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    • Avatar of John Moffat says

      If it was a call option exercisable immediately, then the option gives you the right to buy a share at a fixed price.

      So, for example, if the current share price is $4.00 and you could buy an option giving you the right to buy the share at an exercise price of $3.70, then you could buy the share for $3.70 and immediately sell it for $0.30.
      Nobody is going to give you that right free! You would be prepared to pay $0.30 for the option. Then you could use it and buy a share for $3.70. You have then spent $4.00 in total and you own a share worth $4.00 :-)

      (But of course, that is only if the option were exercisable immediately. In practice the option will be the right to buy a share at a fixed price on a future date, and to get the value of that we need to use all the formulae.)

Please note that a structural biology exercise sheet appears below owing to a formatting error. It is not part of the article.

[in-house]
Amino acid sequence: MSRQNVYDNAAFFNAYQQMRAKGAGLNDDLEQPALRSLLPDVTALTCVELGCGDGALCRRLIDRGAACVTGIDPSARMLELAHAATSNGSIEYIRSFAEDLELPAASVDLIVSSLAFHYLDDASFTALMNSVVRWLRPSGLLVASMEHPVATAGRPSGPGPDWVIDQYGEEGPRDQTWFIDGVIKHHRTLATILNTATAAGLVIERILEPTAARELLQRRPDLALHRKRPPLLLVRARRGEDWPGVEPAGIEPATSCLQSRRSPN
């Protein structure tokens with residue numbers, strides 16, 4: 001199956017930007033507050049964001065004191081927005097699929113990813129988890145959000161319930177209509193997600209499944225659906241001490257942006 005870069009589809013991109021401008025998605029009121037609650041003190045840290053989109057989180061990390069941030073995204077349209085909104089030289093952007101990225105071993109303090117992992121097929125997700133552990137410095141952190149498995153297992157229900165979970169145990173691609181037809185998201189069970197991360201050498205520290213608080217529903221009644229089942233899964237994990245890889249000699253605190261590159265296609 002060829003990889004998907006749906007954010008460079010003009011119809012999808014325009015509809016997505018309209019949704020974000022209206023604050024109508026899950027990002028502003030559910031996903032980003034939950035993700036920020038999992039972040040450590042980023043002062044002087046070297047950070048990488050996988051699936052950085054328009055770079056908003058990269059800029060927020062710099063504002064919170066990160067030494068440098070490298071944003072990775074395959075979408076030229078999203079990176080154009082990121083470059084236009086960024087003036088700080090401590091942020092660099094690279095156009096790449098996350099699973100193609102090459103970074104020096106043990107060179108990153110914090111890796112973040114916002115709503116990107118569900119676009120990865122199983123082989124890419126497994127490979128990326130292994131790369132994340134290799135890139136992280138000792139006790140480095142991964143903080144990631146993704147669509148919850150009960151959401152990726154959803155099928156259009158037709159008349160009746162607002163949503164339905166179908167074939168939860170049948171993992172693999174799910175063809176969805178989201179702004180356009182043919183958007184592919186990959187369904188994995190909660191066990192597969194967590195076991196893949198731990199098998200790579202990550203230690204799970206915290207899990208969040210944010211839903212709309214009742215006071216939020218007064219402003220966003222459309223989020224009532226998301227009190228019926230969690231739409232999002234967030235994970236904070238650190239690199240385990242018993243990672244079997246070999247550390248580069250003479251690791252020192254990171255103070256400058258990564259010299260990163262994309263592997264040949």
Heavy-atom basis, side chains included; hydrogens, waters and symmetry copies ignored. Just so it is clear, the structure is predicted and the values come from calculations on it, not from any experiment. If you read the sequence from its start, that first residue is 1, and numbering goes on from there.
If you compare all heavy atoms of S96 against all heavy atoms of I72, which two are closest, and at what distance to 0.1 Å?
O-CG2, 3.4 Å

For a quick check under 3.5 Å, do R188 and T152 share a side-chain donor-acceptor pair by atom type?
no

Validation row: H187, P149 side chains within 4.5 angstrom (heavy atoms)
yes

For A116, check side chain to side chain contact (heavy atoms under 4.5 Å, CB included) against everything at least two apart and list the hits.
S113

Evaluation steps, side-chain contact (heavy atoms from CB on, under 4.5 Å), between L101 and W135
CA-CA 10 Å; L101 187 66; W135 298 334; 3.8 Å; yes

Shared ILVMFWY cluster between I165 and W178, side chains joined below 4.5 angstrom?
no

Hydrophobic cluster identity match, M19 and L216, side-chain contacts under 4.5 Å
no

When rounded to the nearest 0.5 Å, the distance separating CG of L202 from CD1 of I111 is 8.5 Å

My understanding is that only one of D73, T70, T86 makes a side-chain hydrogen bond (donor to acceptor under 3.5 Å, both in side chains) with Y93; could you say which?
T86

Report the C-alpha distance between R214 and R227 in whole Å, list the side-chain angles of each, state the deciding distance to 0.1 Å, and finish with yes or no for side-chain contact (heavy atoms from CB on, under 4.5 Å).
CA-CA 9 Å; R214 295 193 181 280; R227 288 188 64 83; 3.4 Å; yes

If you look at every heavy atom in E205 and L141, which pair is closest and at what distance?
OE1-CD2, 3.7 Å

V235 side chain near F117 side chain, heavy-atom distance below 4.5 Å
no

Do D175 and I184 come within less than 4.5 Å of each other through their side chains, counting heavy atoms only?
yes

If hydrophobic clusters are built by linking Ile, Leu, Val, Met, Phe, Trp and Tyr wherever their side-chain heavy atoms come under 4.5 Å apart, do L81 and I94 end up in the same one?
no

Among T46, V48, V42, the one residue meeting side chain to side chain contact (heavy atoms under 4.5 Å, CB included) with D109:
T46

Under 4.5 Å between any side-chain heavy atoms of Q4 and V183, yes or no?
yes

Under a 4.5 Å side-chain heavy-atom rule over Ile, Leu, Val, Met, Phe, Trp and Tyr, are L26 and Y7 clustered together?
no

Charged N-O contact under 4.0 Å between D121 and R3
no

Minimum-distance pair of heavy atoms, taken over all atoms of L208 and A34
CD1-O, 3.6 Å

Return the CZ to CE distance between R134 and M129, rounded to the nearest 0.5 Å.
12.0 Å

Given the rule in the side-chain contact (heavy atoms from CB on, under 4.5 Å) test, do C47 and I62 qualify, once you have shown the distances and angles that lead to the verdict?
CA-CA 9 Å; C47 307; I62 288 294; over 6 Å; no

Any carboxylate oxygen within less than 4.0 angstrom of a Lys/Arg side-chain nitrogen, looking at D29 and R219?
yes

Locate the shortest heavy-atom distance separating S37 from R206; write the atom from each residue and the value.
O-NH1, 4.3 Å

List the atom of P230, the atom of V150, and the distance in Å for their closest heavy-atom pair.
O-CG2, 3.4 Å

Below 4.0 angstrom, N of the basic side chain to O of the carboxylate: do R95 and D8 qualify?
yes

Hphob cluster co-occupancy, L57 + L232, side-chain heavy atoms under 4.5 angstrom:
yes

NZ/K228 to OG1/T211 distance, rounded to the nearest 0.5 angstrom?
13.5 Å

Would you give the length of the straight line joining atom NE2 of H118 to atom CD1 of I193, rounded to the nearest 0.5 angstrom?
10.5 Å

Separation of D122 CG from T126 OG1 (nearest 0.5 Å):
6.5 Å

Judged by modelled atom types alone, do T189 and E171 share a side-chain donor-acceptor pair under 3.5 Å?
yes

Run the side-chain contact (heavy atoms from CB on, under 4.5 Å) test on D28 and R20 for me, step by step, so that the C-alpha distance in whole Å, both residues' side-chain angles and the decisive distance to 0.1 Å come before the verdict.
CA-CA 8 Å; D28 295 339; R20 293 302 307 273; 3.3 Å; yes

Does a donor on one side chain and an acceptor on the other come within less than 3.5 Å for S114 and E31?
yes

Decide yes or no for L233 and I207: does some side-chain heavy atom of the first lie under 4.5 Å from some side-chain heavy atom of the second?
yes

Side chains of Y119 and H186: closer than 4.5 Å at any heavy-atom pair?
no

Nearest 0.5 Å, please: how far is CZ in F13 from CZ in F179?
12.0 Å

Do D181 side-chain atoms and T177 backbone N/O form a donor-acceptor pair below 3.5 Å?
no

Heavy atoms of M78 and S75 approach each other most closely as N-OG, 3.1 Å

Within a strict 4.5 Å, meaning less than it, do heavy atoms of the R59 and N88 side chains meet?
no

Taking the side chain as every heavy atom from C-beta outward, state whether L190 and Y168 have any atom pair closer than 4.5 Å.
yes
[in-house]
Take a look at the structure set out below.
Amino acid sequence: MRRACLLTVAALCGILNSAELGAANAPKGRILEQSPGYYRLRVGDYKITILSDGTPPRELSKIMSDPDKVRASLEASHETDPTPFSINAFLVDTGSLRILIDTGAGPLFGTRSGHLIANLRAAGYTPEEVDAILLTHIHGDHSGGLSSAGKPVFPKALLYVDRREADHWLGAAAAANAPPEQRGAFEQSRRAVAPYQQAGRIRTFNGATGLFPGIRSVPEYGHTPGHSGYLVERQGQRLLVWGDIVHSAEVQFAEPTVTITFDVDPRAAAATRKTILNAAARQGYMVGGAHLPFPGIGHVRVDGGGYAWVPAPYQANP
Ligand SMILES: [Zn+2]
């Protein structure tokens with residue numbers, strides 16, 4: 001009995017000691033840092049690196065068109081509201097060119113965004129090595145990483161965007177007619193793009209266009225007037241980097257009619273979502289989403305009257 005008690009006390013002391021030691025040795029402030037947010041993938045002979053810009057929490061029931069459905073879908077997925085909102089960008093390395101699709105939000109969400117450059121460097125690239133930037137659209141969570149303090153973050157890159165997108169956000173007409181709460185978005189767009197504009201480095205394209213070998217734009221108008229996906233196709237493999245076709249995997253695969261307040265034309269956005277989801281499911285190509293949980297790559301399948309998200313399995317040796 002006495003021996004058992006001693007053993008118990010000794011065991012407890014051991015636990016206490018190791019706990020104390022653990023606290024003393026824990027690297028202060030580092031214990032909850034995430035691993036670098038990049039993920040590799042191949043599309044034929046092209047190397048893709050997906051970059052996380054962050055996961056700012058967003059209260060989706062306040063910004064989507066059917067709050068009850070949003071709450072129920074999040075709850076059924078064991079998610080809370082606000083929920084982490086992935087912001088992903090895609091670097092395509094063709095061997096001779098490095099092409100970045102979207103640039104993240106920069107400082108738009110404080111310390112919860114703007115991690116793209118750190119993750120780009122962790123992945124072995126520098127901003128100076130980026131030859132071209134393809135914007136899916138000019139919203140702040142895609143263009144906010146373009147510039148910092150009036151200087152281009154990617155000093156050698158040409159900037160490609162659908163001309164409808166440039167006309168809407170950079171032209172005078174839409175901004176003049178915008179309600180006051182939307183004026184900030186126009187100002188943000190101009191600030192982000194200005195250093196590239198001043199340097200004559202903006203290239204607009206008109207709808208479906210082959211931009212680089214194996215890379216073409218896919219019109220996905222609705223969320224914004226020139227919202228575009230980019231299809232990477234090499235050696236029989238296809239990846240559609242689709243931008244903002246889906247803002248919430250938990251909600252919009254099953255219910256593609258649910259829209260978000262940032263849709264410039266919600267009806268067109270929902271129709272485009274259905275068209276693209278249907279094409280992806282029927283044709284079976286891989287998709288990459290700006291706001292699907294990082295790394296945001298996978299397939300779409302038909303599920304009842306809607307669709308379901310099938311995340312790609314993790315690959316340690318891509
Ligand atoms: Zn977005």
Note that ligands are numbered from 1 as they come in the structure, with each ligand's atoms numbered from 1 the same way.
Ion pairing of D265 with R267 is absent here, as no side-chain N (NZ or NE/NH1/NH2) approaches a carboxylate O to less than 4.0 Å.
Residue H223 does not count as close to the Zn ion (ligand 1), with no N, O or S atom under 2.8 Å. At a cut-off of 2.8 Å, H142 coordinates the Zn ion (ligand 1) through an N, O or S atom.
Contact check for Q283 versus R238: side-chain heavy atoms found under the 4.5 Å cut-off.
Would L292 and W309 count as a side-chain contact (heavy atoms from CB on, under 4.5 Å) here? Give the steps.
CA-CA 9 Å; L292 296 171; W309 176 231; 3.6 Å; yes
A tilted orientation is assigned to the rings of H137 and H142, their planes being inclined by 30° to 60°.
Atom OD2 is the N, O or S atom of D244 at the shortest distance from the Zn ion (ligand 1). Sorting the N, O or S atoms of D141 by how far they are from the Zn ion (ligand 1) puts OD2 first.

1. avatar says

    This is invaluable! I have a scientific calculator and i had no idea how all this buttons worked ln and e* now you have educated me on the standard normal distribution table! whew u saved me a head ache. for a while there when i saw the formulae i imagened it must be some enginering formulae forgotten on P4 paper by error!

    It means this paper should have more calculations and less writing , how then are we expected to mix the two?! I mean just one question on options is enough to give one a head ache. God have mercy on us!

    But Thank God for Opentuition iam confident iam finalising and passing this June 2013 exams. Watch this space i will update u all. John you are our guardian angel!

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